Help - with this surgery

slc112071

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Could someone please help me with this surgery? The physician and I are having major differences of opinions over how this should be coded.

He coded it as 61684, surgery of infracranial AV malformation; infratentorial and 69990.

I was looking at either 61510 and/or 61518 with the 69990 pending edits.

PREOPERATIVE DIAGNOSIS: Left occipital lobe and cerebellar mass; status post
stereotactic irradiation of superior cerebellar artery arteriovenous
malformation; cerebral edema; severe headache.

POSTOPERATIVE DIAGNOSIS: Left occipital lobe and cerebellar mass; status post
stereotactic irradiation of superior cerebellar artery arteriovenous
malformation; cerebral edema; severe headache.

PROCEDURE: Left occipital craniotomy with excisional biopsy of cerebellar and
occipital lobe lesion, and use of surgical microscope.

PROCEDURE NOTE: The patient was brought to the operating room and placed
under general endotracheal anesthesia, Foley catheter inserted, SCD hose
applied, and appropriate IV lines started. He was rolled in the prone
position on two gel rolls. His head was turned so as to gain access to the
left postauricular and suboccipital region. His head was fixated in
three-point Mayfield-Keys fixation device. The scalp was prepped and draped
routinely. A linear skin incision was made halfway between the mastoid tip
and the inion. Suboccipital muscles subperiosteally dissected from the
suboccipital area. The approximate level of the transverse sinus was
delineated by skull landmarks. An osteoclastic craniotomy was performed with
the perforator and pneumatic craniotome abridging the transverse sinus. It
was necessary to excise a bit more of the suboccipital squamous bone with a
Leksell rongeur to get sufficient craniotomy opening. I first made a linear
incision in the dura paralleling the transverse sinus in the supratentorial
compartment. I identified the tentorial dura and gently lifted the occipital
lobe. The brain was somewhat swollen despite the use of 75 grams of mannitol.
At this point, I simply packed in several cottonoid patties to gently
displace the occipital lobe from the floor, using the slow plastic deformation
of the brain in order to gain access. After packing in 6-7 of these, I turned
my attention to the infratentorial compartment. I made a linear dural
incision paralleling the transverse sinus in the subtentorial area. The
cerebellum was also rather taut against the dura. I simply slipped down to
pierce the arachnoid of the cisterna magna to release spinal fluid. Doing
this maneuver, I had progressive relaxation of the cerebellar hemisphere that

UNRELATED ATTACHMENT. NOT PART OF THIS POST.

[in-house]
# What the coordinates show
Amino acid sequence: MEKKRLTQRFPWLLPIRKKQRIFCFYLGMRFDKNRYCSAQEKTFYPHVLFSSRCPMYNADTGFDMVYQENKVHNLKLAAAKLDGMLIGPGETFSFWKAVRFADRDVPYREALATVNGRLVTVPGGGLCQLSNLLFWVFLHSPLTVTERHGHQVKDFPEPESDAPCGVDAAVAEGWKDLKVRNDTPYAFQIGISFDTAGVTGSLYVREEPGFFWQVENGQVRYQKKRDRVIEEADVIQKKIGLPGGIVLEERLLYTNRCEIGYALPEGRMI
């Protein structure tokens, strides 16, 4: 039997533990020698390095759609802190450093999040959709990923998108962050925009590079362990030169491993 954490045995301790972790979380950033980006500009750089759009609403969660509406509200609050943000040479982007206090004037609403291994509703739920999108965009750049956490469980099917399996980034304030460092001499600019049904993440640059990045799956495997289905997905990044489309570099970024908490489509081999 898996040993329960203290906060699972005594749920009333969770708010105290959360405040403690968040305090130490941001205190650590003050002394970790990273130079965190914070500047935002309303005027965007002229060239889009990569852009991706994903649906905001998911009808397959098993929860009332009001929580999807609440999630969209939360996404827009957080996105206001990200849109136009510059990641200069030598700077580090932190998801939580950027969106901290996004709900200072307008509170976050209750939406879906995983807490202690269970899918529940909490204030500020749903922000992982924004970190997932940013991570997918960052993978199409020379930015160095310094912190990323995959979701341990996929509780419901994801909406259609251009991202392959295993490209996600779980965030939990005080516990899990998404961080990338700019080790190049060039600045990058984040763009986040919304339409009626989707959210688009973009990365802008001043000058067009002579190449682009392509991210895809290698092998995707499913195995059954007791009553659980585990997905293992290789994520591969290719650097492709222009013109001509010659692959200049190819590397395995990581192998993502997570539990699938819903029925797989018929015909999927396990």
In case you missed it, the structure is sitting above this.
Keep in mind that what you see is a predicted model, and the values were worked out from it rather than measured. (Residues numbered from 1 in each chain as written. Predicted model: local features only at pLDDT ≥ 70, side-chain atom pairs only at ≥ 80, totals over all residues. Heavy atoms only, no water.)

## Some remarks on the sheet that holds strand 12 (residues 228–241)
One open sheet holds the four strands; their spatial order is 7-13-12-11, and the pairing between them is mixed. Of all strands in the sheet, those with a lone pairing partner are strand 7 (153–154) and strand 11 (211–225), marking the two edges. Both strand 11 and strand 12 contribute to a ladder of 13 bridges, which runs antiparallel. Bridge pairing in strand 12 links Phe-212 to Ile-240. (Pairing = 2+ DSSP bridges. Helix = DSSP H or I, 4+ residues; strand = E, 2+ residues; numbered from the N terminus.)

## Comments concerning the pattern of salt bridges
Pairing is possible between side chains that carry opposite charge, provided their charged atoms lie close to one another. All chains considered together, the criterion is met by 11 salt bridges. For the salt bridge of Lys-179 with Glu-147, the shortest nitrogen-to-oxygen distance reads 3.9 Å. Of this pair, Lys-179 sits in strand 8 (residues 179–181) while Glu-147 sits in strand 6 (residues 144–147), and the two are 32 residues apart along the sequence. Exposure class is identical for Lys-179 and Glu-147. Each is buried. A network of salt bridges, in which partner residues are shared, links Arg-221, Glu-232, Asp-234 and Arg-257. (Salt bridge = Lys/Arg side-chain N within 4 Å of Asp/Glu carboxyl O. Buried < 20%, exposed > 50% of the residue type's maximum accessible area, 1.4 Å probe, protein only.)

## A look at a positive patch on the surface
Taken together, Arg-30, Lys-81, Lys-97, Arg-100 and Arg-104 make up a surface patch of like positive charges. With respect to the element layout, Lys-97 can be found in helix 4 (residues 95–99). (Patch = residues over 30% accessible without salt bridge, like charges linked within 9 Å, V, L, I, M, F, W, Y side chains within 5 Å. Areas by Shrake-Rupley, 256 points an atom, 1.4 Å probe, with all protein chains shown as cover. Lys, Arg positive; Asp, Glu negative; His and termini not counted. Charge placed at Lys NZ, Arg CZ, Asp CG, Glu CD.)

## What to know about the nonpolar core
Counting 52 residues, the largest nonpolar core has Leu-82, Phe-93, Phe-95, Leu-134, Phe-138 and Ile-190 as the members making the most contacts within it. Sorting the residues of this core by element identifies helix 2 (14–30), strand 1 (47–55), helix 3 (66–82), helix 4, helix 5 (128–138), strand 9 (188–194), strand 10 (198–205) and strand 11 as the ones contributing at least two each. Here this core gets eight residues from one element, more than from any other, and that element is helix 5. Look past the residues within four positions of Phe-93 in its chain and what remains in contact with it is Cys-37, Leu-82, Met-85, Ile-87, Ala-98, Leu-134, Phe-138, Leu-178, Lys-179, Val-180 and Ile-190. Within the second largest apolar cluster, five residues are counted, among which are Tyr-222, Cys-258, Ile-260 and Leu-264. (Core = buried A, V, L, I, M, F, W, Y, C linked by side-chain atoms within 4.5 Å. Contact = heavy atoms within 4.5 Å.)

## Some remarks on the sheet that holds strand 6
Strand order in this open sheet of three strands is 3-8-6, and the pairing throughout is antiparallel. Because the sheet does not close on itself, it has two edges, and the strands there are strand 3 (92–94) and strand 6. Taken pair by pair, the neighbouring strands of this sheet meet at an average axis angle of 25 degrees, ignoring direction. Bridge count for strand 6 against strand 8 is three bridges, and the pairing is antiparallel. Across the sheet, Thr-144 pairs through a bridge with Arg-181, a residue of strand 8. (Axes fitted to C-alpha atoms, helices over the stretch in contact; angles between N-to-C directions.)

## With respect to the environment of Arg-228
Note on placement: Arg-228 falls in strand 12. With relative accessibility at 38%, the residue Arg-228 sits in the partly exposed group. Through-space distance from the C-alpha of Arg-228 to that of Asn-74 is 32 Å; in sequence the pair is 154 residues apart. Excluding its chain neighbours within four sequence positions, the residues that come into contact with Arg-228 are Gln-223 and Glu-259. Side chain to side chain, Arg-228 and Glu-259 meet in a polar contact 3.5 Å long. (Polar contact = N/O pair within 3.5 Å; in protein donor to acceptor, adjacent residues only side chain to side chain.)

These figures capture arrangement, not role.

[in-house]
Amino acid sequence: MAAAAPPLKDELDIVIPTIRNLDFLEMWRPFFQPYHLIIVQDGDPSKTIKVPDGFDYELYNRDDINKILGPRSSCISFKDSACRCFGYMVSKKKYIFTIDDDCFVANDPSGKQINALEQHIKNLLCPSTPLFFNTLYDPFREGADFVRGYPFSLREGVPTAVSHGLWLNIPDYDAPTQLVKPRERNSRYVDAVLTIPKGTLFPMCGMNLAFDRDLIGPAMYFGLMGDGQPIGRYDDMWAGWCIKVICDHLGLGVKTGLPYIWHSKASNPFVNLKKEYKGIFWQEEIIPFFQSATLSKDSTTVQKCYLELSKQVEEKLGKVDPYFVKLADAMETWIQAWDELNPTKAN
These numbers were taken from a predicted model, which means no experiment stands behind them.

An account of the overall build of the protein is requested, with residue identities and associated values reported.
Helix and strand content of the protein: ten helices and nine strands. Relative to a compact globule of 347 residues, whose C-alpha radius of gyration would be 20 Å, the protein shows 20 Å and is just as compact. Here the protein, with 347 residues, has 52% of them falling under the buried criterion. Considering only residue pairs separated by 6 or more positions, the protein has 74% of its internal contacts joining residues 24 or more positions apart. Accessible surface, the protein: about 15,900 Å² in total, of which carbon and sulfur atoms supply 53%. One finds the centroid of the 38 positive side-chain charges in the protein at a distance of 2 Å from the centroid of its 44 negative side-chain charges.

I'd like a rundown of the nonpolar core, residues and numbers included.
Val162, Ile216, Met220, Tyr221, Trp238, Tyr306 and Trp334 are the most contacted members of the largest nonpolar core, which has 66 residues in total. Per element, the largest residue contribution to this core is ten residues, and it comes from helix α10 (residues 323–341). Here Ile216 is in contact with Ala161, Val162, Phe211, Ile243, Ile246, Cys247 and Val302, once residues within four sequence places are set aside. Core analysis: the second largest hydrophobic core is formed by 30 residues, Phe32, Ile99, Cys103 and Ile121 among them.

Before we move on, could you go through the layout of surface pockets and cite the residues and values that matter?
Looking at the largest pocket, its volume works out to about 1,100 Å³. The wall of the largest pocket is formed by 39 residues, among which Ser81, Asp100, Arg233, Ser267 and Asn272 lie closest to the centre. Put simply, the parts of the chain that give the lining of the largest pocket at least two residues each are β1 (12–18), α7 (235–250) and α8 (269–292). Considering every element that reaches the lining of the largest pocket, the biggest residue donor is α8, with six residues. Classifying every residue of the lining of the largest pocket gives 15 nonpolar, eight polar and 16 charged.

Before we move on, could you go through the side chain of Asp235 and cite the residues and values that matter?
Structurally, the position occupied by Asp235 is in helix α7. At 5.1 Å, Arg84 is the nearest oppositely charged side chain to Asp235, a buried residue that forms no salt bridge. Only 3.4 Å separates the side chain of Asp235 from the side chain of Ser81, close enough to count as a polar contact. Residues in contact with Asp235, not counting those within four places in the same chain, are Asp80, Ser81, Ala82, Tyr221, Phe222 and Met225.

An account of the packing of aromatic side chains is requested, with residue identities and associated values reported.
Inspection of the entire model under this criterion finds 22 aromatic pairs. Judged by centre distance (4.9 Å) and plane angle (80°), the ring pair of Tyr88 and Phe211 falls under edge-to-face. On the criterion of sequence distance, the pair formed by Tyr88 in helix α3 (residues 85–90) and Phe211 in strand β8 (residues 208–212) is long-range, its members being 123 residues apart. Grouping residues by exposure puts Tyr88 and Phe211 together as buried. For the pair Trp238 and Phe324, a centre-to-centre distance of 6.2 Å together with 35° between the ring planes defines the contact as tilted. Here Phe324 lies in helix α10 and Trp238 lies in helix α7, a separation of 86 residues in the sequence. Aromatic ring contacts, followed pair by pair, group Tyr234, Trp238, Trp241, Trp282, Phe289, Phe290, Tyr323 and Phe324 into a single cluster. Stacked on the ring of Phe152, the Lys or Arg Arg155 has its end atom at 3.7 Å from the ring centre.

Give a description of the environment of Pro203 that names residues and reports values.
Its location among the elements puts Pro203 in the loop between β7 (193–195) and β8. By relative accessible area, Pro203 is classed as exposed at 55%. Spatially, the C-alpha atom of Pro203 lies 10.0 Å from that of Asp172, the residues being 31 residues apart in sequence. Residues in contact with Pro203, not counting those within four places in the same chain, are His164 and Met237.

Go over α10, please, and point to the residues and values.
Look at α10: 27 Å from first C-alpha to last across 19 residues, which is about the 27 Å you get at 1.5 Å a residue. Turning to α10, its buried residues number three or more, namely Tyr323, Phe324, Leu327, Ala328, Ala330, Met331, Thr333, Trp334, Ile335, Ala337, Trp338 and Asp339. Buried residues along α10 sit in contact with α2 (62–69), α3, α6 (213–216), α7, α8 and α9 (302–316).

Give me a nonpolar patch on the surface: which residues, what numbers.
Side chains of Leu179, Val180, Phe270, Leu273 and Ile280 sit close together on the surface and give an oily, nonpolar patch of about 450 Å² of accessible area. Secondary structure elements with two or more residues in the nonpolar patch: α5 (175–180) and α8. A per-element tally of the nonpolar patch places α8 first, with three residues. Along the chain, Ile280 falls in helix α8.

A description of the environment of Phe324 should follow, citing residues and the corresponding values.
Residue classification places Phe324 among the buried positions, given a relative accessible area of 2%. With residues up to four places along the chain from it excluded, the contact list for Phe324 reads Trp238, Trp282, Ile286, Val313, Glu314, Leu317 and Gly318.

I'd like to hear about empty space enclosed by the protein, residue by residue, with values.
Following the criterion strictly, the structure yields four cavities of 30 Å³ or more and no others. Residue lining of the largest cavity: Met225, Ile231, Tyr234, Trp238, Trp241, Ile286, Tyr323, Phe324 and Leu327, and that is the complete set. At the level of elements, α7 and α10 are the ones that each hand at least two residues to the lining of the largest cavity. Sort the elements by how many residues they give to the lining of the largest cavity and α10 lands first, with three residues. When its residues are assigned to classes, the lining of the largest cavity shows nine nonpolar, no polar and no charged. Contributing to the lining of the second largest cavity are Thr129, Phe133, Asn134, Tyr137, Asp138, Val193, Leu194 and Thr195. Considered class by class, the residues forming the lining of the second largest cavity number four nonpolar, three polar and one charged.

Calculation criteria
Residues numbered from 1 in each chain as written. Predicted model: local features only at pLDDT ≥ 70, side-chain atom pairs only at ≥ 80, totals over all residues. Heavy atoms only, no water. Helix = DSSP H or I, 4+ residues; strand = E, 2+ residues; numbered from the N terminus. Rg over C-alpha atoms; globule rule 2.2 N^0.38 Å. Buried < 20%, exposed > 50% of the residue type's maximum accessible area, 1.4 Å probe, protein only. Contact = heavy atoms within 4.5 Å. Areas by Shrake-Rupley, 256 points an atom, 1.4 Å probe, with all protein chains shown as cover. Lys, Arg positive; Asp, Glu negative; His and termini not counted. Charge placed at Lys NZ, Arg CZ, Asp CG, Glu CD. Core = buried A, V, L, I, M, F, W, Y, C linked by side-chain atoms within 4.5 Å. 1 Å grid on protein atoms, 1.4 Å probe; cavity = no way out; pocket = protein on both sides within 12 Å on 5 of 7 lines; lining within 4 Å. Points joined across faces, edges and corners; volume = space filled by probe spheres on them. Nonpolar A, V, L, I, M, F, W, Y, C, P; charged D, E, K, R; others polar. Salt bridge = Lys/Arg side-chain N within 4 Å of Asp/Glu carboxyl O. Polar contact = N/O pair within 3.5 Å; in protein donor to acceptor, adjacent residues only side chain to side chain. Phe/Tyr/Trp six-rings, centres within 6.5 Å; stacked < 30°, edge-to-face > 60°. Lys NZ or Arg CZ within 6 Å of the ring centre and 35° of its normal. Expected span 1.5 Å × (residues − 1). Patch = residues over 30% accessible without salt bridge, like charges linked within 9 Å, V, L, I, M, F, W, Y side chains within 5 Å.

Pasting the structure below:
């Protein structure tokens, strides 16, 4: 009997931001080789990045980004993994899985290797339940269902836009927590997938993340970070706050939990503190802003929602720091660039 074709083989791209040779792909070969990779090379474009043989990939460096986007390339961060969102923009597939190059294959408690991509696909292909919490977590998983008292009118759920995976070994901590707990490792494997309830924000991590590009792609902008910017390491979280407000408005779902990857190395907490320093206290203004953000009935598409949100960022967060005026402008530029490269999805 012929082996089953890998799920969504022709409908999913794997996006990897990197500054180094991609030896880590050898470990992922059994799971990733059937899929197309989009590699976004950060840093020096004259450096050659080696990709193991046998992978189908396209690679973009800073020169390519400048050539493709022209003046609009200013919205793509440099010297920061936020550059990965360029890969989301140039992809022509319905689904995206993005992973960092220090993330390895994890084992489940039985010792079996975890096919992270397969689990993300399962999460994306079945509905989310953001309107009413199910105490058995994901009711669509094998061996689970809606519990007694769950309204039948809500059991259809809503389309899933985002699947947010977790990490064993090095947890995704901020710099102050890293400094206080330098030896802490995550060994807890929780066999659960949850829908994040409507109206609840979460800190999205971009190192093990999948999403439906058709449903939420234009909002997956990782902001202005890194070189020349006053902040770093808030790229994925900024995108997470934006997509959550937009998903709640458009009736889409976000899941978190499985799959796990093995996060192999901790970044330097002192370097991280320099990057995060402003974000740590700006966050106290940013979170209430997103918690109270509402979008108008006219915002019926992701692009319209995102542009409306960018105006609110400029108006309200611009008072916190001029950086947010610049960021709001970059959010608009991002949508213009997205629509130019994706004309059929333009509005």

allowed me to gain access to the superior aspect of the cerebellum against the
tentorium. At this time I brought in the surgical microscope and used it
throughout the remainder of the dissection. I sacrificed a small bridging
rather persistent or constant bridging vein between the superior cerebellum
and the transverse sinus and had free access to the superior aspect of the
cerebellar hemisphere. There were no actual visible lesions that I could see
on the superior cerebellar surface. At this time, I made an incision in the
cerebellar hemisphere with bipolar cautery and began exploring for the lesion.
Within about 0.5 cm, I soon began to encounter abnormal tissue. It had a
firm purplish hue. It was not particularly vascular. I surmised this was
probably the lesion that had been depicted by the MRI scan. I began biopsy of
this. Tactically, it had a slightly gritty feel with my biopsy forceps. I
removed the lesion in total, extending all the way over till I could encounter
the medial portion of the cerebellar hemisphere. The lesion was submitted to
the pathologist. He froze a bit of this and stated that it looked like
hyalinized blood vessels and did not see evidence of neoplasia. Bleeding from
this area was really not that problematic and controlled with bipolar cautery,
FloSeal, or Gelfoam/thrombin tamponade. Because this was radiated tissue, I
took extra time and care to assure adequate hemostasis from that dissection
bed. I placed some tamponade cottonoid patties onto Gelfoam thrombin and then
turned my attention back to the supratentorial compartment. By this time,
there had been plastic deformation of the occipital lobe and I was able to
lift it gently and identify a lesion in the inferior aspect of the occipital
lobe. I have biopsied this also, then obtained hemostasis rather easily. At
this time the case was concluded. Because this was irradiated tissue, I took
extra time to assure adequate hemostasis, having the nurse anesthetist provide
several rounds of Valsalva in order to increase venous pressure to check for
breakthrough venous bleeding and there was none. Once satisfied with
hemostasis, I placed a single layer of Surgicel over the dissection bed. I
closed each dural incision with 4-0 Nurolon suture. I replaced my craniotomy
with the Stryker cranial plates. Soft tissue hemostasis was achieved with
monopolar or bipolar cautery. I did opt to place a deep drain and bring it
out through a separate stab incision. I closed the muscular fascia with
interrupted Vicryl suture, the galea with interrupted Vicryl suture, and then
stapled the skin closed. The patient was rolled back supine, awakened from
anesthesia, and transported to the intensive care unit in stable condition.
 

penguins11

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From what I can tell from the dictation, it does look like he is removing abnormal blood cells which would be an AVM, as a matter of fact, the path report says it is not a neoplasm, it is abnormal blood cells. I agree with the surgeon, 61684. I dont see documentation of the microscope, the 69990.
 
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